Online magazine, Parade provides tips from Temple Grandin on how to help kids cope through self-isolation.

Rocky Mountain Autism Centre is hosting an ASD Webinar Series for Families and Professionals.

PopSugar brings us a social distancing social story for the whole family.

The Toronto Public Library has a number of read-along books for beginner readers and beyond.

Good E-reader provides us with a list of 100 free Sesame Street e-books available on Amazon Kindle, Apple Books, Barnes & Noble Nook, Google Play, and Kobo.

Oxford Owl has an e-book library (free with sign-in) for ages 3 to 11 years old.

Growing Healthy Children Therapy Services gives us a number of free Sensory Motor Activity Books for families and professionals to enjoy.

International Children’s Digital Library provides visitors with a collection of books in many different languages, including Farsi, Korean and Spanish.

Sportball is posting free virtual classes to their Facebook page every Wednesday and Friday.

Internet Archive has a collection of over 20,000,000 free e-books (sign-in required) for users to enjoy.

Sonshine and Broccoli are streaming live Monday through Friday at 11:30 am for all budding rock stars!

Vooks is a read-along resource with a number of animated storybooks. There is a paid subscription with a free one-month trial.

Epic gives you access to over 40,000 digital books. There is a paid subscription with a free one-month trial.

ISAND’s Occupational Therapist, Alyssa Johnston, provides a list of self-regulation, fine and gross motor strategies and resources.

The Ontario Ministry of Education has created a Learn at Home portal, providing supplementary resources for elementary and secondary students to practice math and literacy skills and learn at home.

Online games are a great way for us to stay social while social distancing.

TDSB has provided a list of Learning resources for Early years to Secondary-aged children to accompany their existing Virtual Library.

The Khan Academy has provided adaptable schedule templates to help keep things structured during these uncertain times.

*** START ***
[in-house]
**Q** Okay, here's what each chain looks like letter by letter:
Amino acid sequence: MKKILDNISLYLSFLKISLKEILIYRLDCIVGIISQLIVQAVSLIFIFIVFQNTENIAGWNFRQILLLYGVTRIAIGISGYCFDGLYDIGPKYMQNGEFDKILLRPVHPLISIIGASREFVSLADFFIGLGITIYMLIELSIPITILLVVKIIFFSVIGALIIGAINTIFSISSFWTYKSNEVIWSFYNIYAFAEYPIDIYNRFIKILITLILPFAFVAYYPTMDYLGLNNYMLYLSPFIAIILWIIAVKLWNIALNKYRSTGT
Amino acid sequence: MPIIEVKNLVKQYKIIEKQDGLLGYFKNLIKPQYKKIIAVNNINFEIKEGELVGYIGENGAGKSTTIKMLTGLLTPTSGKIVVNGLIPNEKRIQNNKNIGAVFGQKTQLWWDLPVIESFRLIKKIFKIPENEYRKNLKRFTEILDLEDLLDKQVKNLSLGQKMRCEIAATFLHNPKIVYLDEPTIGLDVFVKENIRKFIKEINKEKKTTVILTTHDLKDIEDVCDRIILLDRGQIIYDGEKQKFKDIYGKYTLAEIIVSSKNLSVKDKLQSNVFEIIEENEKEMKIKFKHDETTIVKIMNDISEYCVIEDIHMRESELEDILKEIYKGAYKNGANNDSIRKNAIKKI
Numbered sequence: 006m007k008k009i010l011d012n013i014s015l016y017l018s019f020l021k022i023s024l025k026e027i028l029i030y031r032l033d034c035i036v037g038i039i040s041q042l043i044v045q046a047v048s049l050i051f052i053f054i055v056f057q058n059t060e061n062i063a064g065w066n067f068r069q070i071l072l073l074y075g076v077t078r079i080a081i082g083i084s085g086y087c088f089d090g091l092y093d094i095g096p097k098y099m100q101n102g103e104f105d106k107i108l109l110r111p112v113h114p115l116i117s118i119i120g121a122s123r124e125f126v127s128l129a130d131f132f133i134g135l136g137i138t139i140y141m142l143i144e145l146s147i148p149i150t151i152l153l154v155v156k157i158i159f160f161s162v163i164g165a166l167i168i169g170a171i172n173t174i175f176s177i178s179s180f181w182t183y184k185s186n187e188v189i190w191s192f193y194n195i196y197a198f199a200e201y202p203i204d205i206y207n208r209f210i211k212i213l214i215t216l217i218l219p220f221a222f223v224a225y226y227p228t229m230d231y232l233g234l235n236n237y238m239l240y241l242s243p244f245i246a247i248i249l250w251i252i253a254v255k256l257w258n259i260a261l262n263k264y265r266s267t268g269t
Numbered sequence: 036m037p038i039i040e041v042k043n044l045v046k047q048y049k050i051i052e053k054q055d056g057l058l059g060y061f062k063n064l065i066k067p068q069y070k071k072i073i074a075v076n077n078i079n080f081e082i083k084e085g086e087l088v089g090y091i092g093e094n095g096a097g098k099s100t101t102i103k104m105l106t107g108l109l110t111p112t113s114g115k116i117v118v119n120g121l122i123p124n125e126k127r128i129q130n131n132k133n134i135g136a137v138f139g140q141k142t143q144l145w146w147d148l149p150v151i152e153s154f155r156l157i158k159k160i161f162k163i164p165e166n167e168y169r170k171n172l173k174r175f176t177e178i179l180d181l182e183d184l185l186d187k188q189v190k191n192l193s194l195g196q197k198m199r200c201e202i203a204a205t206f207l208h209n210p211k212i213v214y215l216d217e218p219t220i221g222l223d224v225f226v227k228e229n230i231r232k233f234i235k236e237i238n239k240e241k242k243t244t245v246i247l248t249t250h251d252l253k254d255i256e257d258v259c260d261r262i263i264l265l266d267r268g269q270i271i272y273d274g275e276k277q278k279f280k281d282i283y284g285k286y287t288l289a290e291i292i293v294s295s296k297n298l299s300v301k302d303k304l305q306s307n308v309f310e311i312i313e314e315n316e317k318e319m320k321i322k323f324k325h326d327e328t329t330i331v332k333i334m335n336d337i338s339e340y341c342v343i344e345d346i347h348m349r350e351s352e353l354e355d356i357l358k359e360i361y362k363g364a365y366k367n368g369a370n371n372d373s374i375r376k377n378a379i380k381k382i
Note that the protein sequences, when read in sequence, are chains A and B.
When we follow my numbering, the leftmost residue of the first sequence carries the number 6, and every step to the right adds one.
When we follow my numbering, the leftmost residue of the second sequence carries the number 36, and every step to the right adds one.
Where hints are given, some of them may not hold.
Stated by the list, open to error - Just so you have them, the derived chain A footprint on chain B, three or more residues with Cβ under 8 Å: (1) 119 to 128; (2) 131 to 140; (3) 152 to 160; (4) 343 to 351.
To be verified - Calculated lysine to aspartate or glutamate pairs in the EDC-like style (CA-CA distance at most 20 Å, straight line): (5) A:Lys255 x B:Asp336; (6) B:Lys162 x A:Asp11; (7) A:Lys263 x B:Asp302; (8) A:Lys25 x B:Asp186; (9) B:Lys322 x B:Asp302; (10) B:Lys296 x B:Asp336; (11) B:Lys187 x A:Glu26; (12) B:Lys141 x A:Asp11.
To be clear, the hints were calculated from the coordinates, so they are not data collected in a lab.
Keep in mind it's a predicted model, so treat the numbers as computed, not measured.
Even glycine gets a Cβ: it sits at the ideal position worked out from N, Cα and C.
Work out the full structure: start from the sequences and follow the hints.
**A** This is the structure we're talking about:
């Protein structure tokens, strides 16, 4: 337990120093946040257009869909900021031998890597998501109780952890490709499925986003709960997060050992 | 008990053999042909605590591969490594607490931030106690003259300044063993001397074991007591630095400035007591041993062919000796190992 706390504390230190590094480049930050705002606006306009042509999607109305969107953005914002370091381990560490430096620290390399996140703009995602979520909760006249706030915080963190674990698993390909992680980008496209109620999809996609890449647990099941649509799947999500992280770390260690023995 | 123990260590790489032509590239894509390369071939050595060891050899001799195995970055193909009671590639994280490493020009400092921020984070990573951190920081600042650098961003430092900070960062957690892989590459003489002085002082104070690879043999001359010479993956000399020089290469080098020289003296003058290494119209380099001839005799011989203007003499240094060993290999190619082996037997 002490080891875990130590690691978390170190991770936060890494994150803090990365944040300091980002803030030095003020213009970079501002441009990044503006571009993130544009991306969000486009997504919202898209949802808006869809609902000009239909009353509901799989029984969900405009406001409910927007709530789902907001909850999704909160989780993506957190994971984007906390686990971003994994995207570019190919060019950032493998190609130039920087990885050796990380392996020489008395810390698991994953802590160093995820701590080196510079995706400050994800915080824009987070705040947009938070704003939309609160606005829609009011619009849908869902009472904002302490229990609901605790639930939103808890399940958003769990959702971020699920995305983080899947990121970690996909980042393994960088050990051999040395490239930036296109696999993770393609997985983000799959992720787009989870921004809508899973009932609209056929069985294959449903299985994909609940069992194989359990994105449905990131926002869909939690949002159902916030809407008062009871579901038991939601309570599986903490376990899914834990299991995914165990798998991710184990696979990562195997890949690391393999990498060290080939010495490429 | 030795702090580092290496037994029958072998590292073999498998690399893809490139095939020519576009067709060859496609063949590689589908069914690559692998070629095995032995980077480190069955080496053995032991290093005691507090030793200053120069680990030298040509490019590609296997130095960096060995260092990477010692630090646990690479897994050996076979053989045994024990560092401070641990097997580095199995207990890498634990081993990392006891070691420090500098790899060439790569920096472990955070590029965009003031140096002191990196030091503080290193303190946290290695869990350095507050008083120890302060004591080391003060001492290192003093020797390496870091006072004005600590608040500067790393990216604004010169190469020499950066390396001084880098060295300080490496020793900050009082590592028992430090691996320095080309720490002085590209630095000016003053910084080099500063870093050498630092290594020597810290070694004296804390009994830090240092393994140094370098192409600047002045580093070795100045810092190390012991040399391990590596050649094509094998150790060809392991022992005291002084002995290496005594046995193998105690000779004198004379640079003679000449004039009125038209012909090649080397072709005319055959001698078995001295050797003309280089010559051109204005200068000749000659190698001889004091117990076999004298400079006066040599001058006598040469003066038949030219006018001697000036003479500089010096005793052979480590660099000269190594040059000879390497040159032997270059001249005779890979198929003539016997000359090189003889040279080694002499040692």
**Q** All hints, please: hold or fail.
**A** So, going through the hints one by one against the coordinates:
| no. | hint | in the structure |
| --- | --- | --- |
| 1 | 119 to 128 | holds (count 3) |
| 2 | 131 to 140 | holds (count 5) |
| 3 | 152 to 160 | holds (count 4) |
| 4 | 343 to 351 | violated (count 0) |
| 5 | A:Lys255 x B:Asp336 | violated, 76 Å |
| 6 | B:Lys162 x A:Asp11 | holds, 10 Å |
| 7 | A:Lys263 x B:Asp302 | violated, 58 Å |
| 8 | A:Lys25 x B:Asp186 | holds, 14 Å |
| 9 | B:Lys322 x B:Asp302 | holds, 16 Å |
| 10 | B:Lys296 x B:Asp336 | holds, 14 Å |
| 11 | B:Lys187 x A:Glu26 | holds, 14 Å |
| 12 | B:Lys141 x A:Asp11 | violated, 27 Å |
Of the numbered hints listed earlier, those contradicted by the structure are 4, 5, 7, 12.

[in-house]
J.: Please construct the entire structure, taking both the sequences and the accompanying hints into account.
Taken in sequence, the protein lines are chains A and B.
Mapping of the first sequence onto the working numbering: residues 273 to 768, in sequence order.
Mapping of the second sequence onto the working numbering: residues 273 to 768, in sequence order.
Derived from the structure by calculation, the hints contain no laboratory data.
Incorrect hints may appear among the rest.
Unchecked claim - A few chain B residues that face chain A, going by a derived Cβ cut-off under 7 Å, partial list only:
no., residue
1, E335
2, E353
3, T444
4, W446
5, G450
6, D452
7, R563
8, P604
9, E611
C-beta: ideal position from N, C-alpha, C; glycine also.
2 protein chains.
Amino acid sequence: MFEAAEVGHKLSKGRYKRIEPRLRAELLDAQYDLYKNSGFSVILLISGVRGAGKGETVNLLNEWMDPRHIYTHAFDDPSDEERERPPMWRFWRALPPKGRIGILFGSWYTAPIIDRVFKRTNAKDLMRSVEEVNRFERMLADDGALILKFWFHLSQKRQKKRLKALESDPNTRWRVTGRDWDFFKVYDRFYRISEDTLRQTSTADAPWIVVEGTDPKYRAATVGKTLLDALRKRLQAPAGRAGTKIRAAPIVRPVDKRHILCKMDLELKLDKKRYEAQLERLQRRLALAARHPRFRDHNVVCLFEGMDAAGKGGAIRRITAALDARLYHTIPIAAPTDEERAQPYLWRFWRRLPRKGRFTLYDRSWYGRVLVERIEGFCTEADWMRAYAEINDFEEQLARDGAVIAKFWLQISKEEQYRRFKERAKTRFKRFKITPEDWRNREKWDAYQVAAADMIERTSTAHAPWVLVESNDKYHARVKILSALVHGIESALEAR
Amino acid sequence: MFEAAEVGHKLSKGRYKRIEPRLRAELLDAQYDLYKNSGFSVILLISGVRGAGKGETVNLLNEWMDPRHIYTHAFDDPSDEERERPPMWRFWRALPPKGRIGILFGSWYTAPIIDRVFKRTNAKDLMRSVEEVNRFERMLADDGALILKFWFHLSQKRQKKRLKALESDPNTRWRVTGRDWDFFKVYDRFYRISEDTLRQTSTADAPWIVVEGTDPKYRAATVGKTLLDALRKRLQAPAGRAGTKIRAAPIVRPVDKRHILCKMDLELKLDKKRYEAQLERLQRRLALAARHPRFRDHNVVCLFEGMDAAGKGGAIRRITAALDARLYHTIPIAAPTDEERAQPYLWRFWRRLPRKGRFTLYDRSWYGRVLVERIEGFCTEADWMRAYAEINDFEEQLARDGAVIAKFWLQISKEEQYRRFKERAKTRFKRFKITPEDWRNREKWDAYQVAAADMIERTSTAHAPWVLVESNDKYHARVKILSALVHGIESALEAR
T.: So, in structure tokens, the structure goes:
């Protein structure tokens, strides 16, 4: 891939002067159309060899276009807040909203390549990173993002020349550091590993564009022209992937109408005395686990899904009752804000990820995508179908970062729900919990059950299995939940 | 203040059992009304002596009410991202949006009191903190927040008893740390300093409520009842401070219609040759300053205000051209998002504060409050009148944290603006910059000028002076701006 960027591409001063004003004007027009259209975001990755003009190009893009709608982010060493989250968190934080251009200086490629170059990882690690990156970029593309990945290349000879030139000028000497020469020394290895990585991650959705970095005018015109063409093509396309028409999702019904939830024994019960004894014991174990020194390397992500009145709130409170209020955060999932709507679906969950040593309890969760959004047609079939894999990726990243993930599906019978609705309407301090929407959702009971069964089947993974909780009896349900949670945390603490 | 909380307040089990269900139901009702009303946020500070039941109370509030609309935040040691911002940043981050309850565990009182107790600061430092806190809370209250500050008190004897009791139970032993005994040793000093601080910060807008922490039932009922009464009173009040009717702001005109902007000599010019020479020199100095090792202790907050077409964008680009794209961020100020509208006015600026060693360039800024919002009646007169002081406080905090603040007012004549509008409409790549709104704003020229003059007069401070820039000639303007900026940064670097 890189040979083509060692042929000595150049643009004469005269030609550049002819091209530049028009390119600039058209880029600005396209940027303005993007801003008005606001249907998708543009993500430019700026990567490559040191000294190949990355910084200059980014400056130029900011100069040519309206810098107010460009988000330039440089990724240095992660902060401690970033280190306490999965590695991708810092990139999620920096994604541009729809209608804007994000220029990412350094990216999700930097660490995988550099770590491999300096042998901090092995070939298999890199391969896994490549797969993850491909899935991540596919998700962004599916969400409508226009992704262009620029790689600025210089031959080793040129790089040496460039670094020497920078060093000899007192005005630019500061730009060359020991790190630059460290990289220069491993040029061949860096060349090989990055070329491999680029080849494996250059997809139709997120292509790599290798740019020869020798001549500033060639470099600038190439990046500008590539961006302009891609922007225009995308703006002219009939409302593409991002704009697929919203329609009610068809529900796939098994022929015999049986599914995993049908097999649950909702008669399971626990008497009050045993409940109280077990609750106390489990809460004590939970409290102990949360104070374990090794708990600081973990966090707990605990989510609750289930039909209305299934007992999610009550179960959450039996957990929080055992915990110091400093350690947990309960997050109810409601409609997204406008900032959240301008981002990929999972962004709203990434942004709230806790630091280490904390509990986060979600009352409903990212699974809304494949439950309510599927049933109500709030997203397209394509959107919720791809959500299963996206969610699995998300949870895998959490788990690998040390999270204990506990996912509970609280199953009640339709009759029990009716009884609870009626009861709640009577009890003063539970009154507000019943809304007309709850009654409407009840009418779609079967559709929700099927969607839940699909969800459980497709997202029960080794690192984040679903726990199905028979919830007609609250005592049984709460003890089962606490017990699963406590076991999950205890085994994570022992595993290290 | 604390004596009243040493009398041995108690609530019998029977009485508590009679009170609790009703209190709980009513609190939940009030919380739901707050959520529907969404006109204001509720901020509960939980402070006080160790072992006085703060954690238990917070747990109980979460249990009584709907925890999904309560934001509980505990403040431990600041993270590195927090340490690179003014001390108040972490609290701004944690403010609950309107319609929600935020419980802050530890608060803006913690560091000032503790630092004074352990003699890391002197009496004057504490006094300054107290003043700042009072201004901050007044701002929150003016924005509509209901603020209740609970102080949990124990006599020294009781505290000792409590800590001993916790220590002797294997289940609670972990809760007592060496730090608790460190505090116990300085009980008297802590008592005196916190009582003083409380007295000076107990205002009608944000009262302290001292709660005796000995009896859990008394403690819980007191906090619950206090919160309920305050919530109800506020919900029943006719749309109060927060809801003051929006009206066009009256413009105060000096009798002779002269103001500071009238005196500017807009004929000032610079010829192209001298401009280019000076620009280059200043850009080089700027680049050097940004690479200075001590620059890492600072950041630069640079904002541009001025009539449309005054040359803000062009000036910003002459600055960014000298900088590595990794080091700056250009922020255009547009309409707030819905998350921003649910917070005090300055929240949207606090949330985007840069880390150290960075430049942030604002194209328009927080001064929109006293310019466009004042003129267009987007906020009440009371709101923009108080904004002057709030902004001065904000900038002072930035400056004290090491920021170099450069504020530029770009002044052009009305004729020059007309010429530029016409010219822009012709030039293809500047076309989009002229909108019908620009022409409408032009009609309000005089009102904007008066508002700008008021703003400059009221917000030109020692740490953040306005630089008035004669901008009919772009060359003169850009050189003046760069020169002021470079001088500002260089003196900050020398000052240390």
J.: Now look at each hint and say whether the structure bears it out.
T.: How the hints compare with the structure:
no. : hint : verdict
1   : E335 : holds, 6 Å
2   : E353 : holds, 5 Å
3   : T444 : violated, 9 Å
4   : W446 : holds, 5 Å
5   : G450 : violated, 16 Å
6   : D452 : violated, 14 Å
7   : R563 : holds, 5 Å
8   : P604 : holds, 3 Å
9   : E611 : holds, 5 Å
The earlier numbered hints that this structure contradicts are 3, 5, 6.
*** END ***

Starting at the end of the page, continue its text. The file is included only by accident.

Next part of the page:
IXL Online provides Language Arts and Math practice by grade level.

Audible.com is now allowing visitors to stream popular storybooks for free!

Toronto Public Library has a list of 38 ways to use the library from home!

SightWords provides tools to improve automatic recognition, spelling and fluency, by grade level.

Journal Buddies provides a list of free creative writing prompts for kids.

BBC Bitesize gives us a fun way to learn touch typing.

Hand in Hand Parenting provides timely resources and practical tools to help in your house now.

The Child Mind Institute is bringing families live Facebook chats, phone consultations as well as videos and articles on a range of topics from managing anxiety to managing self-care.

Harvard University’s Center of the Developing Child gives us age-specific activities to help those from infancy to adolescence enhance and practice executive function skills.

CTV News has provided us with a list of Museums, Galleries and other attractions that are providing virtual tours and attractions for families to enjoy during social distancing.

TVO Kids has a number of videos, games, apps for kids to enjoy.

WhatMomsLove provides a list of energy-burning activities to keep your kids moving!

Scholastic Canada has put together a Learn at Home series for kids ages Preschool to Grade 9.

Common Sense Media provides clarity on how to understand COVID-19 news coverage, separate the facts from the fiction and how to keep you and your family calm.

Autism Society of Newfoundland and Labrador provides a list of tools and resources to help you keep busy from home.

Alicia Trautwein presents a parent’s guide on how to manage the daily routine during quarantine.

Amanda McGuinness at TheAutismEducator has created this helpful social story to ‘help alleviate fears and anxiety many children may be experiencing at this time’.

Finally, Autism Ontario provides a list of additional resources to help families through COVID-19.